Member of the Executive Committee of The BRussells Tribunal, initiator and coordinator of the International Initiative to Prosecute US Genocide in Iraq, co-founder of the Centre for Global Geostrategic Analysis, I have taught politics in universities in the US, UK, Egypt and Palestine. I have been based in the Arab world since August 2001, witnessing firsthand many of the formative events of a decade of global politics.

I started studying government at 18, first confronting what to me until now is the master problem of the modern era: the State. I studied international political economy for my masters, embarking then on the study of globalization in relation to power and the State, extending this into a genealogy of globalism that centred on the evolution of diverse systems of governmentality (the techniques and the rationalities concerned with the government of men and things) ending in the “dromocratic” age of telepresence and decentralised systems of control. A critic of technology and power in the West, it was at this time that I arrived to the Arab world and became immersed in Arab politics, from Palestine to Iraq.

I have spent time in the camps, taught under occupation in Palestine, and initiated the only legal effort to date to hold the United States and United Kingdom accountable for the specific and general crime of genocide in Iraq, 1990 to the present. I have been a witness to the Arab Spring and I continue to regard the question of the State as the most fundamental to all politics. Most of my political positions revolve around the intolerable suffering that power and order, by their nature, create. I live amid a world of private property but feel instinctively that no one owns anything but their bodies. Some would say this makes me a Marxist. Where Marx was wrong was in understanding the nature of the modern era as centred on economic profit, whereas I see it as centred on political profit, a function of the ordering and deployment of human bodies, and the emergence of ever stronger, ever more intangible systems of power.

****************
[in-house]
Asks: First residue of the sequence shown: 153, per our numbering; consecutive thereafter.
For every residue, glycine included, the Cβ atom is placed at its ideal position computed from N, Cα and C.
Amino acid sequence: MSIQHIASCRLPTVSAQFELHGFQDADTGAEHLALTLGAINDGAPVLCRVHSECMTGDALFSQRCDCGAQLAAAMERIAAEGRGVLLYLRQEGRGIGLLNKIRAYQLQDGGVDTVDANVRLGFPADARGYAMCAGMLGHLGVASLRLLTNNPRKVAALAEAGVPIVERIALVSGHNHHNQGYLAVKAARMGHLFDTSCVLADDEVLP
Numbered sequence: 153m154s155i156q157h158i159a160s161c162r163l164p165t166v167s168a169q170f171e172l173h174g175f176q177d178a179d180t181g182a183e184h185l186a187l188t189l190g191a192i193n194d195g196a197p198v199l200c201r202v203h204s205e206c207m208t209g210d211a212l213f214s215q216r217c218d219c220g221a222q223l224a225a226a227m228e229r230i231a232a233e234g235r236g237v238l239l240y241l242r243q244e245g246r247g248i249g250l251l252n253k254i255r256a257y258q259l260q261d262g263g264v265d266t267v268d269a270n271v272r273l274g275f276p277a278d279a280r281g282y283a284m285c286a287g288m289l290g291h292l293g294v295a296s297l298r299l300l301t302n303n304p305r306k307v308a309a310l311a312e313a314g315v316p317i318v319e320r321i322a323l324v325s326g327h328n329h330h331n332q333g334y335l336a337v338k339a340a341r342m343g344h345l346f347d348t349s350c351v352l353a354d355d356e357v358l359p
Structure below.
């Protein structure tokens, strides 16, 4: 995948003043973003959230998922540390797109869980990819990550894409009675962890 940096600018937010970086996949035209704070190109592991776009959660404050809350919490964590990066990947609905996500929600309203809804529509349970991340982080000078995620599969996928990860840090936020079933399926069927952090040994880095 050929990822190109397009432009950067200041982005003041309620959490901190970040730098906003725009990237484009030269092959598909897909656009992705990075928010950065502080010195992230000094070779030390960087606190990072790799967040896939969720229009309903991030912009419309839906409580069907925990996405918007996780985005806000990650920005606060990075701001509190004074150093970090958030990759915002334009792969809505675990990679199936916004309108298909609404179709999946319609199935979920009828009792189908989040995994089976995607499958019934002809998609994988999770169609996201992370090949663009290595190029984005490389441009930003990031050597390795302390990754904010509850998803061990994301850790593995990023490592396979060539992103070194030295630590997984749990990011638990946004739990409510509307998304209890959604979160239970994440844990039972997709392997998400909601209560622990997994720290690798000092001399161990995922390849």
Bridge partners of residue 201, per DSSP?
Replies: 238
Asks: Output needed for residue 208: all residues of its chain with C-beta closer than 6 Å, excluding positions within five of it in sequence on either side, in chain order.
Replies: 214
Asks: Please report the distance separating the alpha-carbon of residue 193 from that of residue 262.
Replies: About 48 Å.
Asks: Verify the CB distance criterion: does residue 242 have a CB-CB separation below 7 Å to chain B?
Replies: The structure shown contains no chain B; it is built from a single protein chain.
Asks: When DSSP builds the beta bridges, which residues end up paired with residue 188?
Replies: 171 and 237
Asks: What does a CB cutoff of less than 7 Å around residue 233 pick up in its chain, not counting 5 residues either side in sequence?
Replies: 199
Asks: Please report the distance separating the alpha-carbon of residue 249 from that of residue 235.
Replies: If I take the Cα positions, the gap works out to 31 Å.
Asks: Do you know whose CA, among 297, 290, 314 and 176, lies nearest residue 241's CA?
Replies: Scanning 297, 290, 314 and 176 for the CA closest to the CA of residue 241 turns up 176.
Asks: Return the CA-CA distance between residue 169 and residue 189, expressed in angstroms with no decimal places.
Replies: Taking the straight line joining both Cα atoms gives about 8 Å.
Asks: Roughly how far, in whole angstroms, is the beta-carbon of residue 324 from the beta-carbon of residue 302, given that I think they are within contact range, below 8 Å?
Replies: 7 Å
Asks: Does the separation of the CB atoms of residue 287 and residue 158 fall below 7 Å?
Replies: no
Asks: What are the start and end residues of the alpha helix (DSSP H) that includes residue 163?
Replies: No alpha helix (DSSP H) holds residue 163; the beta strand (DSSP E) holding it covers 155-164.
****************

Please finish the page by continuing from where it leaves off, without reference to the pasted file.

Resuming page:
I am sceptical of the notion that in general tendency human beings are becoming more free; I rather want to chart the deeper, less homogeneous inscription of fundamental codes of order into human life and the life of things and our relation to the unknown. I’m not against enlightenment, but I’m not naive about it either.

These questions have made up the majority of my waking existence since I can remember. For me, politics is a fundamental right, insofar as we exist amid disparate and multiple lines of force that bear down on our conduct, whether by prohibition or permission.

I believe in the friendship and its ethics that should spring from the mutual search for truth. I am a father of two and in solidarity with all.

I sometimes write on passing reflections at

We negate and we must negate because something in us wants to live and affirm — Friedrich Nietzsche